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Hope for Broken Hearts & Pandemics

Life is short, it’s true. But boy, it can be hard sometimes. We are living in strange and confusing times. Universities are closing, borders are locking down, and everyone seems to have the answer to all questions regarding the pandemic. The confusing part is that everyone’s answers are different and while we all think we’re experts, the truth is that none of us are. We haven’t ever dealt with something like this, and can’t pretend that we have. What we can do is the same thing we ought to be doing in any uncertainty or trial: praise God and make Him known among the nations.

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It’s Like in the Great Stories, Mr. Frodo

We were watching The Two Towers last night, and I cried. I don’t think crying in that movie is uncommon, especially for my fellow women, but last night was different. I didn’t cry for Frodo and Sam, I cried for myself. My tears were for this real world, not for Middle-Earth. I was the one who said, “I can’t do this, Sam.” It wasn’t Frodo who was wavering and wondering if the end really could be happy, it was me. It was my weak faith I saw on that television, not Tolkien’s magical universe.

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Dear Memaw: A Letter I Wish My Great-Grandmother Could Read

Dear Memaw,

I wish you were here right now, sitting across from me. I wish I could have known your laughter and smile or your humor that I’ve heard so much about. I wish I could’ve seen you in person, with your short stature and realize that my 5’3″ body is a little picture of who you were. Everyone says I look like you. I wish I could’ve told you all about the books I read, my friends, or my dreams.

But I can’t do those things, not yet. One day I will though, one day when I reach Immanuel’s land, I’m going to tell you all about it. But of all the things I wish I could tell you right now, there is one in particular that drove me to write this letter.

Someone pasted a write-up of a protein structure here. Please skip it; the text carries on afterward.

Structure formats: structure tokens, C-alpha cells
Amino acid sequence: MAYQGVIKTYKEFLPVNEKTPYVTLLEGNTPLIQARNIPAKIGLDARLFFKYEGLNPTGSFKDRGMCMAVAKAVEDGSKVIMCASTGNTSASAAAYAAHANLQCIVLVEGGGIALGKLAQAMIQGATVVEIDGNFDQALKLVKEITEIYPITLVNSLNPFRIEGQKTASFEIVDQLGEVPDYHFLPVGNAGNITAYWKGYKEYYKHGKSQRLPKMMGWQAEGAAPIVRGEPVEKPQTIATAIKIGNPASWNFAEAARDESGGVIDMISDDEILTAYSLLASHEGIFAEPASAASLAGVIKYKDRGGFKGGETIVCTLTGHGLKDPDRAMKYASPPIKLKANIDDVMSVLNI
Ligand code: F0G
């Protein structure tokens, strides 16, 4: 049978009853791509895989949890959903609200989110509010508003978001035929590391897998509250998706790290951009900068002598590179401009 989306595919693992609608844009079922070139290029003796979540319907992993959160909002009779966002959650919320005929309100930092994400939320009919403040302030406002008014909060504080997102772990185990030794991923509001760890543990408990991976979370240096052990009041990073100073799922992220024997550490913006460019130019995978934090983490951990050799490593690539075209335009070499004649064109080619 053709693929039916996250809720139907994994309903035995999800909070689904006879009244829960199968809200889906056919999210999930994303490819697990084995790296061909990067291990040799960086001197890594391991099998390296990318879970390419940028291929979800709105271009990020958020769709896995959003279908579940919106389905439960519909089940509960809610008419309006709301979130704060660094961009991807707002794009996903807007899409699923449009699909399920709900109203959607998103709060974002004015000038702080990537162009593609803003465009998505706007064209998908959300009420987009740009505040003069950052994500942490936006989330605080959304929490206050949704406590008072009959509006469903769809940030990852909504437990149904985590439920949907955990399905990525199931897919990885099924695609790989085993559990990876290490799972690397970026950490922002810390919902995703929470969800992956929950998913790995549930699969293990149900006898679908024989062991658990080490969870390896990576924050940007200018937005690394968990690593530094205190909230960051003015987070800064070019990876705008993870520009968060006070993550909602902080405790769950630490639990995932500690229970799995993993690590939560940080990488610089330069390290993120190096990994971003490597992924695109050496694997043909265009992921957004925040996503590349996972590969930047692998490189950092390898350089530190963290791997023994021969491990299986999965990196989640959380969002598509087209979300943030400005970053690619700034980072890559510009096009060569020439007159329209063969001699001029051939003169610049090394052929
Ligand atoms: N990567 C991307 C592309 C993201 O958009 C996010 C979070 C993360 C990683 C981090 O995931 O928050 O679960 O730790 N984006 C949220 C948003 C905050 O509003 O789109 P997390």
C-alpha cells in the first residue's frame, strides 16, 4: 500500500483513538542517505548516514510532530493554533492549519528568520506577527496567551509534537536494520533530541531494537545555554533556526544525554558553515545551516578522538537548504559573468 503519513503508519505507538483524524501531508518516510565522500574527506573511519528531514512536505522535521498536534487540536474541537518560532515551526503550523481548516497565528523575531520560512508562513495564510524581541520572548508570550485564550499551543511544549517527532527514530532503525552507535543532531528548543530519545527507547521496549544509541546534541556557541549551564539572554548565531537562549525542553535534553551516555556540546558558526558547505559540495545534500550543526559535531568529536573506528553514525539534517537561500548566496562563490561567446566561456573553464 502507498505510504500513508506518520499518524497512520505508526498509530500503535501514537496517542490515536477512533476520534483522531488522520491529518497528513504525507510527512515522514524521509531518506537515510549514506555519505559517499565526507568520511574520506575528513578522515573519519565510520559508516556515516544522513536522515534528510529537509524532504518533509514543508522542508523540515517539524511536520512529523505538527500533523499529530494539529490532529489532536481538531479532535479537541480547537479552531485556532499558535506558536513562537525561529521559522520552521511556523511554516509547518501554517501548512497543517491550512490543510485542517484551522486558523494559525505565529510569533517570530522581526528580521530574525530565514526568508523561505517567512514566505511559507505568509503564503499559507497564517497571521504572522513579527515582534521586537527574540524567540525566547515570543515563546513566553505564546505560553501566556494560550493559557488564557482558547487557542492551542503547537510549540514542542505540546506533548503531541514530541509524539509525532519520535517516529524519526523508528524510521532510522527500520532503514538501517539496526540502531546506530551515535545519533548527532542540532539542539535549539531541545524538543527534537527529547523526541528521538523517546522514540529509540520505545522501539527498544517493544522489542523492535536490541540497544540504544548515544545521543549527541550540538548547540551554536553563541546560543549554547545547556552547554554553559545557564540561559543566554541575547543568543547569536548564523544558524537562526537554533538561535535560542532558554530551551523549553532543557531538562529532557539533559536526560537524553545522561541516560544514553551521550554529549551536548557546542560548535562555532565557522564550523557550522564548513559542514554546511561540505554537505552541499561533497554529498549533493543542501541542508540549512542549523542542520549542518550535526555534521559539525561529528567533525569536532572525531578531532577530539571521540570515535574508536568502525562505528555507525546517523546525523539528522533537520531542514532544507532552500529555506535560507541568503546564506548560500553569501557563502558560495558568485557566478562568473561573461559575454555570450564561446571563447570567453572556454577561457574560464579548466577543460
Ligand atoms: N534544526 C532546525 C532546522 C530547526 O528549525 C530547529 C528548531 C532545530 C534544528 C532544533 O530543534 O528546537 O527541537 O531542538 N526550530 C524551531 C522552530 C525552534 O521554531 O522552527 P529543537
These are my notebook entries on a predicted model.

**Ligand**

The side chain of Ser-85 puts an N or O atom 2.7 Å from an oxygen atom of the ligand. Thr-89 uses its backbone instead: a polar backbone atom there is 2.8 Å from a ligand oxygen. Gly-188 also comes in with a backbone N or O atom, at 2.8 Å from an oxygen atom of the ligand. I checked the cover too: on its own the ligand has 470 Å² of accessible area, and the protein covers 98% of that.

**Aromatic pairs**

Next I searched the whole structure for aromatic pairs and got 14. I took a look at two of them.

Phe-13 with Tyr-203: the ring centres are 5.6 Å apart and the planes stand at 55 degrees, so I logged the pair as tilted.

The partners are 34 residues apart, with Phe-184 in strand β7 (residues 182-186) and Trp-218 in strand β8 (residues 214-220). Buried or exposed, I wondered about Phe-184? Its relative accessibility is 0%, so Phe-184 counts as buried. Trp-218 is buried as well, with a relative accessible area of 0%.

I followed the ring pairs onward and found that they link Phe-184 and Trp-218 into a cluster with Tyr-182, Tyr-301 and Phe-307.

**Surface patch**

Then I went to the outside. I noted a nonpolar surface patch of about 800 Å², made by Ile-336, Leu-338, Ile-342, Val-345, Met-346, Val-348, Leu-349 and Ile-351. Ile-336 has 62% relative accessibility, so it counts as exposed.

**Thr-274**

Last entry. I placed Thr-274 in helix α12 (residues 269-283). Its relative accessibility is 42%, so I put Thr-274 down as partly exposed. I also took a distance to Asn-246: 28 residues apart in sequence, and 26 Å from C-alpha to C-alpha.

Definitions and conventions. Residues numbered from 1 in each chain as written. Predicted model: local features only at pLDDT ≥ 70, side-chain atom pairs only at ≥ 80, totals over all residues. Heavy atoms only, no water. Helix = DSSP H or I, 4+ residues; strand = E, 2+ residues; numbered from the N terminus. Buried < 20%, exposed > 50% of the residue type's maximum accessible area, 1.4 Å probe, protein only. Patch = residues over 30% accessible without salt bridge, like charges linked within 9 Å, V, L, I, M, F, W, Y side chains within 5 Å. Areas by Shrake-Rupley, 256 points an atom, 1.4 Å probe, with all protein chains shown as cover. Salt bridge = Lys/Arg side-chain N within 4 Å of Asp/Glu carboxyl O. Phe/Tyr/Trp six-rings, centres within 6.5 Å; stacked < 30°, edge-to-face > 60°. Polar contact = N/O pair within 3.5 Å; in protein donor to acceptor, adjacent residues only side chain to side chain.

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He’s Still Enough

It’s the warmest winter in our small town since the 80’s and my southern heart is not complaining. There is no snow on the ground, no ice scrapers being pulled out when we leave the house, and the sun is shining brightly. The weather outdoors mirrors that inside of me. Warm, bright, and hopeful.

All around the world, people seem to spend the week between Christmas and New Year’s in a sense of reflection. It makes sense that as another year closes and is slid onto the shelves of memory that we take one last moment to flip back through it’s pages and remember with bittersweet fondness the stories that ended and the ones that have just begun. That is just what I have sat down to do.

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A Baby Sleeping & Fearless Rest

There is something incredibly natural and soothing about a baby sleeping peacefully in the arms of the one caring for him, and this morning something very convicting.

He does not raise his head to question whether my grip is strong enough to hold him if he squirms. He does not hold onto me as if I’m going to let go of him. He does not keep his eyes open to see what dangers or dilemmas may creep up on him as he sleeps.

He closes his eyes.
He relaxes his body.
He looks into my eyes before he closes his one final time with a look not born of question, but of trust.

And then he rests in my arms.

Yet here I am, as he sleeps peacefully in my grasp, internally struggling and fighting, questioning and doubting, keeping my eyes stretched open on the lookout for potential sorrow or danger, while the Father holds me in His arms.